Meet the ‘architectural detective agency’ investigating the Grenfell fire

Grenfell Tower on fire, in the early hours of 14 June 2017. Image: eyewitness Gurbuz Binici/Getty.

In common with most of the country, the staff at Forensic Architecture in south London made their way to work on the morning of 14 June 2017 while trying to process the dreadful news of a major fire at Grenfell Tower in Kensington. Unlike the rest of us, they did not push the reports to the back of their minds in order to get on with their day. They gathered around their desks on the third floor of the Richard Hoggart Building at Goldsmiths, University of London, and thrashed out ideas about how they could help.

Forensic Architecture was founded in 2010 by architect Eyal Weizman. The organisation has been described as an architectural detective agency. “We think that architects need to be public figures,” Weizman told the Guardian in an interview earlier this year. “They should take positions, whatever they do. We map the most extreme and violent forms.”

His team has previously investigated the killing of an unarmed Palestinian at a Nakba Day protest outside Ofer Prison in Beitunia, next to Ramallah; the murder of a Turkish-German student, Halit Yozgat, in an internet cafe in Kassel; and the kidnapping of 43 students from Ayotzinapa Rural Teachers' College in Guerrero, Mexico. The evidence from these and other investigations has been presented in exhibitions at the Institute of Contemporary Art in London, the Museo Universitario Arte Contemporáneo in Mexico City, and the White Box, at Zeppelin University, in Friedrichshafen, Germany, among other galleries – which has led, somewhat bizarrely, to the organisation receiving a nomination for the Turner Prize. Weizman has tweeted that, while he welcomed this promotion of the organisation, he would resist an “impoverished and unimaginative” view of its work.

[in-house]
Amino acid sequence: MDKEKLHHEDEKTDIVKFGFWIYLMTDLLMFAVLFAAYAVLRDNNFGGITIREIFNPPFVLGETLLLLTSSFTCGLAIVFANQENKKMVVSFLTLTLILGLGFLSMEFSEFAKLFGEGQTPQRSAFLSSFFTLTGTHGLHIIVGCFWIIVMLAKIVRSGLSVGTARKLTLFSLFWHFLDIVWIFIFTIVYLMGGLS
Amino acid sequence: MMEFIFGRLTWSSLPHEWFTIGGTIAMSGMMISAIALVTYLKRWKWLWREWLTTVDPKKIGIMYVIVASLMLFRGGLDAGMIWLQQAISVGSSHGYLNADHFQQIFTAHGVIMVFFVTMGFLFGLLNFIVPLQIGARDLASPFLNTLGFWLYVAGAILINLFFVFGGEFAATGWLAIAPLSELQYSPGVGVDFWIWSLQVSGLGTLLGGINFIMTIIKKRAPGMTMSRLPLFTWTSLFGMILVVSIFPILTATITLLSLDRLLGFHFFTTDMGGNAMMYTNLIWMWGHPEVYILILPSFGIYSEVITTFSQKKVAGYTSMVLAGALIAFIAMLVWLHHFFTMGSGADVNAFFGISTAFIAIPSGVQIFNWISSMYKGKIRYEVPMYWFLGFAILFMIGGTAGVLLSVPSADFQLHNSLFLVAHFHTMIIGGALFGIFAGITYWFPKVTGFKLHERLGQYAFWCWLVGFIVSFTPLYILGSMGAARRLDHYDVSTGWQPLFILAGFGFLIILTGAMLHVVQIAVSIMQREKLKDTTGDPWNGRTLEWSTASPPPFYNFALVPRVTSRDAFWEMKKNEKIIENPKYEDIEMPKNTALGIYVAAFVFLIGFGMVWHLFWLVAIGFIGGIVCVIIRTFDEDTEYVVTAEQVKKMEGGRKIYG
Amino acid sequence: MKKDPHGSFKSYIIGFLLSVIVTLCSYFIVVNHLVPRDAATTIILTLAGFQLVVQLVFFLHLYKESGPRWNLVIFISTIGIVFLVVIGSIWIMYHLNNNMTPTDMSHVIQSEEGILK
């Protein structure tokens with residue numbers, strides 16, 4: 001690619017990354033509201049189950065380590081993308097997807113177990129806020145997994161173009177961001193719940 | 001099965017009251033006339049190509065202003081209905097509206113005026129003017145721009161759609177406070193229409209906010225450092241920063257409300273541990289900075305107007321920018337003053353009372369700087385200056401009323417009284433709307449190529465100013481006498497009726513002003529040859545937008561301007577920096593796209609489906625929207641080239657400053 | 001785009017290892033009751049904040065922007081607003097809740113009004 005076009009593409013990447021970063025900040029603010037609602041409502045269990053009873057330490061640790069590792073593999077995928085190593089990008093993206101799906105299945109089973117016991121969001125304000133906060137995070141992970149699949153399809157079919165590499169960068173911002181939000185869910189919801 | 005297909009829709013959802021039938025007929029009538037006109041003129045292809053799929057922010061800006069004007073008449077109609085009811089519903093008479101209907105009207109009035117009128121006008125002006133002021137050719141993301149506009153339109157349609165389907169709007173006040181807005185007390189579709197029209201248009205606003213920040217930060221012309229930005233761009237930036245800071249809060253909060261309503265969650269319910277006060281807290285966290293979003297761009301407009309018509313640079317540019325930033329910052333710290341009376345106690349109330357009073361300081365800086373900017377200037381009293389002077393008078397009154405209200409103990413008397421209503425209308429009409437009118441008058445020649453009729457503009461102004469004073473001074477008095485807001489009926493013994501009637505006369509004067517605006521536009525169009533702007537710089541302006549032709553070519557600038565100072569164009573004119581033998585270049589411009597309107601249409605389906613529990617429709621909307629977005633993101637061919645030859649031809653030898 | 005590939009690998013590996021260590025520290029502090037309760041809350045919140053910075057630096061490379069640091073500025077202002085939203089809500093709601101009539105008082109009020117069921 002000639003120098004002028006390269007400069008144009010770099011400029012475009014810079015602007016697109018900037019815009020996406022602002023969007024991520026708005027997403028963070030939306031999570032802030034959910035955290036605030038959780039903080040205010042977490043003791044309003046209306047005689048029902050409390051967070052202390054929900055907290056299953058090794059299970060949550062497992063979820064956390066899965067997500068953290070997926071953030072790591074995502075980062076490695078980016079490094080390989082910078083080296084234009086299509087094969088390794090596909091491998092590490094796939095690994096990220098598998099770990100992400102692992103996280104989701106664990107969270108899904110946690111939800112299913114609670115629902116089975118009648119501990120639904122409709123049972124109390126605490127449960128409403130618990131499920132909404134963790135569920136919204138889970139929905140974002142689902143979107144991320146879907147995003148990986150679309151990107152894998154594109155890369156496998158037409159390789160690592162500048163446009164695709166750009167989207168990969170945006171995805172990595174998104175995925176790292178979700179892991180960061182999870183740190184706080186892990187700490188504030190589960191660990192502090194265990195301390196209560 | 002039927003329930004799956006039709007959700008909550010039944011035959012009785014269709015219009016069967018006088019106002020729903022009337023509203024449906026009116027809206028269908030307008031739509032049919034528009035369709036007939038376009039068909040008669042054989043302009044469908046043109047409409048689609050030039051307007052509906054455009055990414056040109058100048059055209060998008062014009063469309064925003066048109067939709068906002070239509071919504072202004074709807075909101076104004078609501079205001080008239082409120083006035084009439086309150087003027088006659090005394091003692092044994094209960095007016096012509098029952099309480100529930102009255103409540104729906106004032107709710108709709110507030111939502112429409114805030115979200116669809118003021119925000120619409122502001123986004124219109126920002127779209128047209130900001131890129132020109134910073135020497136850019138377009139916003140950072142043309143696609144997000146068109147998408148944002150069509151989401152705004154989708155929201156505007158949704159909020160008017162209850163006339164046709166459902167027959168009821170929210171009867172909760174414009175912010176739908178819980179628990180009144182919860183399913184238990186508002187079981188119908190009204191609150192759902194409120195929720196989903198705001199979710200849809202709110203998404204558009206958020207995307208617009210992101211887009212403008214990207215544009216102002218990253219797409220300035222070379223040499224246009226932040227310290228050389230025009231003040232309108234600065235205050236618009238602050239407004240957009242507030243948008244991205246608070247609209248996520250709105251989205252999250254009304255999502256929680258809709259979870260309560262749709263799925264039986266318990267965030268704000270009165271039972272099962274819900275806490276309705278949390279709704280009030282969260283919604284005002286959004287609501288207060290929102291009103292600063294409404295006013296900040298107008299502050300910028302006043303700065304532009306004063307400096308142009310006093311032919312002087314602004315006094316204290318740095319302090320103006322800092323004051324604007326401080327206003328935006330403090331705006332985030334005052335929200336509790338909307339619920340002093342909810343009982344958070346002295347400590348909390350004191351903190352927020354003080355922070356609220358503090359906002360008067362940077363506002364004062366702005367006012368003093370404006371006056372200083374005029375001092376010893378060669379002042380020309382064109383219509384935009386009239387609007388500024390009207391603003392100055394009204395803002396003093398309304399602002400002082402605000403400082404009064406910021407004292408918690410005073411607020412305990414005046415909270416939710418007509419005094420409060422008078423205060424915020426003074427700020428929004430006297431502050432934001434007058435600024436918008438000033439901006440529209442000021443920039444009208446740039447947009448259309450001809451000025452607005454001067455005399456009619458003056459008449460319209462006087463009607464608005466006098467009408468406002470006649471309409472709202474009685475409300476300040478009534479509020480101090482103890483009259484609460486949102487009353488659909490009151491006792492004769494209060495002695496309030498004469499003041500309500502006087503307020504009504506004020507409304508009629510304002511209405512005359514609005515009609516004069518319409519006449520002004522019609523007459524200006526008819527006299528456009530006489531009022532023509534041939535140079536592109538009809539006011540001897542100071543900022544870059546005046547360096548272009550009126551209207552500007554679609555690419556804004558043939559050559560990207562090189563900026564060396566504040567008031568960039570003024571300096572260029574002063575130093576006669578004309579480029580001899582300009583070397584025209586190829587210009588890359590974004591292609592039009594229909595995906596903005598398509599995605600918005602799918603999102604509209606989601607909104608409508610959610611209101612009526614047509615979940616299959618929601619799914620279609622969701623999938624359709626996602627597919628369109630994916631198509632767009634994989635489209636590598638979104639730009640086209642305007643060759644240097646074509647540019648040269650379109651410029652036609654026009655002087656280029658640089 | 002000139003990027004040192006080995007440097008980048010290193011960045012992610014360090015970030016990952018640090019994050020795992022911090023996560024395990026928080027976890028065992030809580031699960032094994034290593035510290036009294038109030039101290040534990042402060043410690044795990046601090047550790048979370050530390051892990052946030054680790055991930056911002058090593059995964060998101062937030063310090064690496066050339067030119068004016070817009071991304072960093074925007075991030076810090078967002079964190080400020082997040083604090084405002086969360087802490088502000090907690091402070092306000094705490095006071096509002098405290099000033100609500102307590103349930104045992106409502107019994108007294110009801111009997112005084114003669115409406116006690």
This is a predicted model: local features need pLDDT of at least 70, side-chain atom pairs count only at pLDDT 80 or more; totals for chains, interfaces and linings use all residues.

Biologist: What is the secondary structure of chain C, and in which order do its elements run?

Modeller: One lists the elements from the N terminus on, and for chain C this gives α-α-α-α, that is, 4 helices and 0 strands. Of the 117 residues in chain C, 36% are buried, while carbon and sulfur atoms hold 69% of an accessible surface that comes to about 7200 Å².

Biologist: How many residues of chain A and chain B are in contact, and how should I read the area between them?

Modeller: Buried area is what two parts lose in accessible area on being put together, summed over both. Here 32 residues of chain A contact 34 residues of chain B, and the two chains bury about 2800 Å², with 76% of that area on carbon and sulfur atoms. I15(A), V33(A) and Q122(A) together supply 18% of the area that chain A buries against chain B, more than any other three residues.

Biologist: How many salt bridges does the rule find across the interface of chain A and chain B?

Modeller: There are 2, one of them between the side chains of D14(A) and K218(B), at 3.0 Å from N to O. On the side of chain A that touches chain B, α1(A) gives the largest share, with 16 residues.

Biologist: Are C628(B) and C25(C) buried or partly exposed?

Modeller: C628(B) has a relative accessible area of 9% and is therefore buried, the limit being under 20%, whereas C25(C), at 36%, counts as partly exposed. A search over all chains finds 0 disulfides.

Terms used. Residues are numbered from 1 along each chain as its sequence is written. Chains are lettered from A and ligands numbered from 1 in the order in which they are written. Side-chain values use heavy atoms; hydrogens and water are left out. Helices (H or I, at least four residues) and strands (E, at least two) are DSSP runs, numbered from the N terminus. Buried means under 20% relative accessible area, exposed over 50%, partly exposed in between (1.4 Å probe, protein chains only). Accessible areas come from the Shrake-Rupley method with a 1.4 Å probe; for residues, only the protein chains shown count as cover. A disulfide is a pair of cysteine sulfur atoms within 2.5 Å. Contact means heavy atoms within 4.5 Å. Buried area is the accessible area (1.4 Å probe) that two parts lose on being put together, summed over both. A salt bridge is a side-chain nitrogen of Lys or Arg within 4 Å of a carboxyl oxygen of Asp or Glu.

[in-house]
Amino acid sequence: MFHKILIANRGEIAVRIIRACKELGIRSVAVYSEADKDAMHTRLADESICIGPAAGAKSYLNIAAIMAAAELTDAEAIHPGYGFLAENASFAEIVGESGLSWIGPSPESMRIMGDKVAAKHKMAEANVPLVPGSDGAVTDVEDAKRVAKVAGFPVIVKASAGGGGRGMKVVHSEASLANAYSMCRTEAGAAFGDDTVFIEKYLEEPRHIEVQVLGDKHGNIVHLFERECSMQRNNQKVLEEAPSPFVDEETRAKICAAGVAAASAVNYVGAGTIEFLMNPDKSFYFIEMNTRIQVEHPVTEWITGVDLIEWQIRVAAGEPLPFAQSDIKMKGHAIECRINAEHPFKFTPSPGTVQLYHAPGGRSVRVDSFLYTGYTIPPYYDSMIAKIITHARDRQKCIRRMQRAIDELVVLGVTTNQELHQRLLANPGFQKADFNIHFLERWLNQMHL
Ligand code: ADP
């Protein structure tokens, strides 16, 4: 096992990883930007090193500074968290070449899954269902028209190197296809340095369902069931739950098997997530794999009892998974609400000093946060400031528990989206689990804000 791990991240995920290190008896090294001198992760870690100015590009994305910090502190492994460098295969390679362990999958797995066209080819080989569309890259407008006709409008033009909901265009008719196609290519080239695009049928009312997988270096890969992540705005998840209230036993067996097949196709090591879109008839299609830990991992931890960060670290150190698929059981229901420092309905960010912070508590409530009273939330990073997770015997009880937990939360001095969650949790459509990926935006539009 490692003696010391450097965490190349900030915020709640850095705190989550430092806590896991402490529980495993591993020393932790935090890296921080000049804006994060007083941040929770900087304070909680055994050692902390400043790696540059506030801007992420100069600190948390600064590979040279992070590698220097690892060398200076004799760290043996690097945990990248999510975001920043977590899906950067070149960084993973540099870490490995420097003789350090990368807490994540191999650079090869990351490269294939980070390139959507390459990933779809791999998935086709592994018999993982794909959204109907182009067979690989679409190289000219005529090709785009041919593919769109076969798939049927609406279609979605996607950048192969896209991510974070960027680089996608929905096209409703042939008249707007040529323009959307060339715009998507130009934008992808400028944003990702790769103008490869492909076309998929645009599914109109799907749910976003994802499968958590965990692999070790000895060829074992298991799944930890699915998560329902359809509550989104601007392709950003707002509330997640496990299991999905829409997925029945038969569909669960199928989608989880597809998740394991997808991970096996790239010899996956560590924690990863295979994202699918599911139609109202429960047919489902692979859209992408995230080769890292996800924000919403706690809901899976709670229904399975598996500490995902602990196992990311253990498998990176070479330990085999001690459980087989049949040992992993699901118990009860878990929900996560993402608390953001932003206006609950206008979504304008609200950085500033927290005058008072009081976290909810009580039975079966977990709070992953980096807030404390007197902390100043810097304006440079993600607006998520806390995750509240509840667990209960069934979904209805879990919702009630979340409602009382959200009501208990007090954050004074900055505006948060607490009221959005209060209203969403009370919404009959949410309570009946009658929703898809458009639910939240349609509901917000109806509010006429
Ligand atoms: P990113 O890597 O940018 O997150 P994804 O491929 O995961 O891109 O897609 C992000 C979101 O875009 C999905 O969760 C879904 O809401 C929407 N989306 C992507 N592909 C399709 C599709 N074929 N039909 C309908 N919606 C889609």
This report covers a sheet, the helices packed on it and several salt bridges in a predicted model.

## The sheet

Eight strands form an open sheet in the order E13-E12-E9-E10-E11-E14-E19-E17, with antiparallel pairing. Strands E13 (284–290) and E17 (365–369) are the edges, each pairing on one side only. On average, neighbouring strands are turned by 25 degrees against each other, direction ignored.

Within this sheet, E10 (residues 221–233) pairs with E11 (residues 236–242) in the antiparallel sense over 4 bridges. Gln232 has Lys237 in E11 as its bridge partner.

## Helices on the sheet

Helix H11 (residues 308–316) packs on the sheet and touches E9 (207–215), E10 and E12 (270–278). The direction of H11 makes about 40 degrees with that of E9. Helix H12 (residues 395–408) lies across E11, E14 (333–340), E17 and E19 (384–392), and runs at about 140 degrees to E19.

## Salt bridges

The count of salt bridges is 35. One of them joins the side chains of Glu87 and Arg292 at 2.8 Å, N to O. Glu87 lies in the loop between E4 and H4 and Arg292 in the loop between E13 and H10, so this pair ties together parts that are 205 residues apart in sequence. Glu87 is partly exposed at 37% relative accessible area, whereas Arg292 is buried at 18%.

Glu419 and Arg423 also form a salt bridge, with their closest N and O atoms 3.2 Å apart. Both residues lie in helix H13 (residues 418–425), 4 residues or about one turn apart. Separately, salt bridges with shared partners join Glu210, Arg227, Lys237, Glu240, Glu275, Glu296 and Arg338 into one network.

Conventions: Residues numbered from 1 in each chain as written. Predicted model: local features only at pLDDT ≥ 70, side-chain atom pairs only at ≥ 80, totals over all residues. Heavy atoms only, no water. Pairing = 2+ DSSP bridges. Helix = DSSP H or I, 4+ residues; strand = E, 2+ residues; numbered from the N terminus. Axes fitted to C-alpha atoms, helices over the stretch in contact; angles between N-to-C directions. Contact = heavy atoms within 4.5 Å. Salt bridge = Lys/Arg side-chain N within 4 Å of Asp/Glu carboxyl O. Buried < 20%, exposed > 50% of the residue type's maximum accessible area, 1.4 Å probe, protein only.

As the scale of the horror at Grenfell Tower unfolded last summer, Nicholas Masterton, an architect and researcher at Forensic Architecture, was tasked with collecting a welter of metadata, photographs, and smartphone video footage.

When he began to receive smartphone footage, Masterton set up a spreadsheet to analyse the material. He added a description of each clip, citing the source (Sky News, for example) and the date it was received. He recorded the start and end time according to the metadata; the accuracy of the metadata (“Often it is inaccurate”); the geographical location of where the footage was captured; the facades covered by the clip; and the duration, resolution and frame rate of the clip. He used a computer programme and digital animation software to model the tower as the fire raged.

Last month, I sat next to Masterton at his workstation as he took me through what he had gathered so far. The awful speed with which the fire took hold will never lose its visceral shock.

Also watching Masterton at work was Bob Trafford, who joined Forensic Architecture in 2017 after three years as a freelance investigative journalist. When I spoke with him by phone, some weeks later, he said that the number of clips of video footage submitted from smartphones has been modest – “in the dozens” – but that, in large part, the project will not be about video. The Forensic Architecture team will also trawl through the thousands of pages of documents released by the public enquiry.

The enquiry began on 21 May with testimony from friends and relatives of the 72 people killed in the fire.  Firefighters and commanders are expected to give evidence for around six weeks, starting on 21 June. In September, the bereaved, survivors, and local residents will present their accounts. The terms of reference on the enquiry's website lists 13 issues to be examined.